The Wildlife Trusts work with planners and developers because we believe development should do no harm to nature, it should mitigate any damage and should leave the natural environment better than before – a legacy that benefits both people and wildlife. 

At Woodberry Wetlands, London Wildlife Trust worked with Thames Water, Berkeley Homes and the London Borough of Hackney to deliver a new wildlife reserve in a densely built-up environment that was undergoing regeneration. The reserve was opened in 2016, and is now a thriving, carbon-absorbing wetland habitat.

At Priest Hill in Epsom, Surrey Wildlife Trust worked with developers bring wildlife back for local residents, by restoring old playing fields to chalk grassland. Over 1,500 tonnes of tarmac and rubble were removed, and old tennis courts, buildings and car parks were cleared to create a nature reserve, providing habitat for rare wildlife and accessible green space for local residents.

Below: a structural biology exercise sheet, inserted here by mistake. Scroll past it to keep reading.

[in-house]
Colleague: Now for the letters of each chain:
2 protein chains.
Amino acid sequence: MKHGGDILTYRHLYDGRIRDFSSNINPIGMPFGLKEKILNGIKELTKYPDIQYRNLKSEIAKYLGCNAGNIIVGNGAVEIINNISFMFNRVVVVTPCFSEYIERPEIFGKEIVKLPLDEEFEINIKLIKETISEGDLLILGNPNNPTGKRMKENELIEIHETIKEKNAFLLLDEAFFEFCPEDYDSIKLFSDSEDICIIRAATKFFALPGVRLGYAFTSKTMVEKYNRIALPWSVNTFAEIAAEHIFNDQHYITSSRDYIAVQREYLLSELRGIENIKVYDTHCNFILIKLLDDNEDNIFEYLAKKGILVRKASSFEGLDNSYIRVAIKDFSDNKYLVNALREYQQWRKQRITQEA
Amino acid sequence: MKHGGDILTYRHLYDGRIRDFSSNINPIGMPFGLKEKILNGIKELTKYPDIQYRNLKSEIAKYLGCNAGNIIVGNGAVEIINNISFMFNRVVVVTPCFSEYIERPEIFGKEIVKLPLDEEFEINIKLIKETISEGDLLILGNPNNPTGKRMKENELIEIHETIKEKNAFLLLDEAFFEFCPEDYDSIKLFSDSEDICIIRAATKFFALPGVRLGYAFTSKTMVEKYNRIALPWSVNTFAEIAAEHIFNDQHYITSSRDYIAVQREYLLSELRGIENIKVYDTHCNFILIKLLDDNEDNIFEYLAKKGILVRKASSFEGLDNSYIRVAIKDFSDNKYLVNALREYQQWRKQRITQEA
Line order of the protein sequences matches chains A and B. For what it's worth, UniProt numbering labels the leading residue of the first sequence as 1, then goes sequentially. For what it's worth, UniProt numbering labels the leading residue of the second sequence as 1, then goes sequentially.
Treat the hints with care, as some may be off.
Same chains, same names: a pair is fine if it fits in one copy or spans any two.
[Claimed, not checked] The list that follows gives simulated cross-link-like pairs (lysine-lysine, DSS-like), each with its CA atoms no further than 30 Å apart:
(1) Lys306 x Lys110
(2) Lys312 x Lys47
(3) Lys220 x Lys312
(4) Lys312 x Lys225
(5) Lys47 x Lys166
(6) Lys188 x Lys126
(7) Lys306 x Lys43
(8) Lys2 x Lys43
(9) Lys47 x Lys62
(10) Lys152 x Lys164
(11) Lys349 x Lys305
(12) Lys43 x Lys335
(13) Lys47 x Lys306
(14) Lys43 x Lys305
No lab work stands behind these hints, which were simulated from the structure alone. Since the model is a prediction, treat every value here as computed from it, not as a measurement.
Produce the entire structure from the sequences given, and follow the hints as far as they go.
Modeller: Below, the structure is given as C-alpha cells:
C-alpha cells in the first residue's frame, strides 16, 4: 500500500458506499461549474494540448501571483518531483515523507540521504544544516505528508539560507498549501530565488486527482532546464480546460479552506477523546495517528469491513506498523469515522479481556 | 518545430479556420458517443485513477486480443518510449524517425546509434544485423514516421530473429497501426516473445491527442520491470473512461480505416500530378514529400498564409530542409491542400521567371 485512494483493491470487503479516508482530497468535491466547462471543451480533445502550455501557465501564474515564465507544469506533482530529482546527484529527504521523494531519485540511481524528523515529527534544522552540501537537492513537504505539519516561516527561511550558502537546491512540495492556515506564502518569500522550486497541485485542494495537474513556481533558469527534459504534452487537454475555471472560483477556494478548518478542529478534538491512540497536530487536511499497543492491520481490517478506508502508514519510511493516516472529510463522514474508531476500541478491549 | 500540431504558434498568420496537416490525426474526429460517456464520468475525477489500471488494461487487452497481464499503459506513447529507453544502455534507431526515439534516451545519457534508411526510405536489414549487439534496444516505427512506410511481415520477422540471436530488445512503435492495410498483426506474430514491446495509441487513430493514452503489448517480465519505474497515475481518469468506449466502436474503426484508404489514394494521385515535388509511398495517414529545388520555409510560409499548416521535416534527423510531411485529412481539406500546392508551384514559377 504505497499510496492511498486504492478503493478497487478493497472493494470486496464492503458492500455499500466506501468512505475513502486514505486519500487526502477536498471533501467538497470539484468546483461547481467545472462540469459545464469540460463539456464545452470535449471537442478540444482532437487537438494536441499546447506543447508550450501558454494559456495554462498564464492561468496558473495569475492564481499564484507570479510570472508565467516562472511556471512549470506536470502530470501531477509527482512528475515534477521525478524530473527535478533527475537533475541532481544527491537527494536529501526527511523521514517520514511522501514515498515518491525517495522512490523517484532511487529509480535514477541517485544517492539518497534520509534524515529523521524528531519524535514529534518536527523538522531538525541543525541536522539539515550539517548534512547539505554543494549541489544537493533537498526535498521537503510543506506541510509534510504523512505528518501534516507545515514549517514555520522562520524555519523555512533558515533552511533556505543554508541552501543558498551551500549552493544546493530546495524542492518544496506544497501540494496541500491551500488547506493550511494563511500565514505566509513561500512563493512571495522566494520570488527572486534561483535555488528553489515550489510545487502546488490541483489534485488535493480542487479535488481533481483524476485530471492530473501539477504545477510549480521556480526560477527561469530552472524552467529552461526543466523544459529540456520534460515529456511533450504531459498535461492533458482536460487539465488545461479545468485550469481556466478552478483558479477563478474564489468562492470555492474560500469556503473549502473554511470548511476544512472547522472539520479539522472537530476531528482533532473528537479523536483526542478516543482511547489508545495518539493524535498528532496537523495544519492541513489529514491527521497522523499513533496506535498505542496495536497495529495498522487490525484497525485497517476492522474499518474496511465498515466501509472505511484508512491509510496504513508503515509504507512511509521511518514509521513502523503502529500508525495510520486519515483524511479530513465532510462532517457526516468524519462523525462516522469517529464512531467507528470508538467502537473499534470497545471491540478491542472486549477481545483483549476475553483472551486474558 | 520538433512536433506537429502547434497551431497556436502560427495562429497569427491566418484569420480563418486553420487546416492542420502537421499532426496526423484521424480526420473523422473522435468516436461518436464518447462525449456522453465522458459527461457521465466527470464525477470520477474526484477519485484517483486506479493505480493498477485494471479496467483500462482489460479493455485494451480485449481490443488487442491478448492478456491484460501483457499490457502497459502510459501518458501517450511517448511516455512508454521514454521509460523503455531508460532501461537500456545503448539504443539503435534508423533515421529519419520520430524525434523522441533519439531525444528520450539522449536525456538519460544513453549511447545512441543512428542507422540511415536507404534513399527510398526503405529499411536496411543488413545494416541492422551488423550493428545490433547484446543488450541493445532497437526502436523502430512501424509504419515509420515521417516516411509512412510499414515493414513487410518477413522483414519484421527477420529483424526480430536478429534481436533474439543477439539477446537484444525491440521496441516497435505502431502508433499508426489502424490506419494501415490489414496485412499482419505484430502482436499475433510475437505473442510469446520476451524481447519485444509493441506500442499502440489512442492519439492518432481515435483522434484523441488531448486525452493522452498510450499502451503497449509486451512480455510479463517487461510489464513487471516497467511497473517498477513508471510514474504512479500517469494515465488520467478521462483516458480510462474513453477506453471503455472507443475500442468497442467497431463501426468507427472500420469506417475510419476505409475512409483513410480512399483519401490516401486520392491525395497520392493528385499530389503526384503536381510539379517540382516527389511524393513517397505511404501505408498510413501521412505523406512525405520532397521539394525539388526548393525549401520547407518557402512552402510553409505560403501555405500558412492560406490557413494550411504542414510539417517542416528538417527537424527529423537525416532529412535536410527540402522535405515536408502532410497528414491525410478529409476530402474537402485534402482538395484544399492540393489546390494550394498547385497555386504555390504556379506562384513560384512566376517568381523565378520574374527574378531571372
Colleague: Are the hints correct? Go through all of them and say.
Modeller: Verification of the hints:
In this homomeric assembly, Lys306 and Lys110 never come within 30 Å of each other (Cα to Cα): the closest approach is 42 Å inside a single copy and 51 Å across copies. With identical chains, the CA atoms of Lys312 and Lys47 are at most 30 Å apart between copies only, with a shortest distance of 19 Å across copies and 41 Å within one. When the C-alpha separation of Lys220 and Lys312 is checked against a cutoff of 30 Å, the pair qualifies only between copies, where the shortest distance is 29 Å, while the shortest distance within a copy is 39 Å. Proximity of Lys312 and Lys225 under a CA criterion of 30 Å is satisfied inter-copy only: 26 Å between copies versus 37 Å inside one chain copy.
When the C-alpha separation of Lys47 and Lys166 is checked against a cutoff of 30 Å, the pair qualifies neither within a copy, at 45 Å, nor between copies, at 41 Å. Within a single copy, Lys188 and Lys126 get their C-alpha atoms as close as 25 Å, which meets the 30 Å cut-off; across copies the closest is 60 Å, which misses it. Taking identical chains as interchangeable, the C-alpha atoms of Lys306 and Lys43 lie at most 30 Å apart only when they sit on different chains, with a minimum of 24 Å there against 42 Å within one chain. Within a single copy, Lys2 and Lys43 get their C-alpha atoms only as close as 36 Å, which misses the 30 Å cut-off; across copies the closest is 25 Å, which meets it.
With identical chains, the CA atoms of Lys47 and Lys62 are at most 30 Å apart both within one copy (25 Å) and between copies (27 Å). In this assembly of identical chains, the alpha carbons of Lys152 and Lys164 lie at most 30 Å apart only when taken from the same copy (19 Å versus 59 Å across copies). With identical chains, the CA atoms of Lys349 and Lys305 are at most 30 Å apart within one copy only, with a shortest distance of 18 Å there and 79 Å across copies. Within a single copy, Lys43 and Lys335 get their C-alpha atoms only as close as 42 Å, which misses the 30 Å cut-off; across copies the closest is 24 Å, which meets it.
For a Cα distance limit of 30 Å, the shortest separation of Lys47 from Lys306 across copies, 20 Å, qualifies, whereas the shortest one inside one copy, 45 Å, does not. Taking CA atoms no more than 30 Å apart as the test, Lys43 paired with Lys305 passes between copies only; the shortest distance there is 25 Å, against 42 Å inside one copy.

Cases like these show that, if we get it right, and if we build in the right way and in the right places, we can deliver for people, nature and climate. 

The Wildlife Trusts' new report Let Nature Help – How Nature’s Recovery is Essential for Tackling the Climate Crisis can be read here.

Craig Bennett is chief executive of The Wildlife Trusts


Read more: 

Climate and nature recovery should be addressed as one, suggests report


Image credits / Top: Surrey Wildlife Trust / Author: Richard Jinman / Bottom: London Wildlife Trust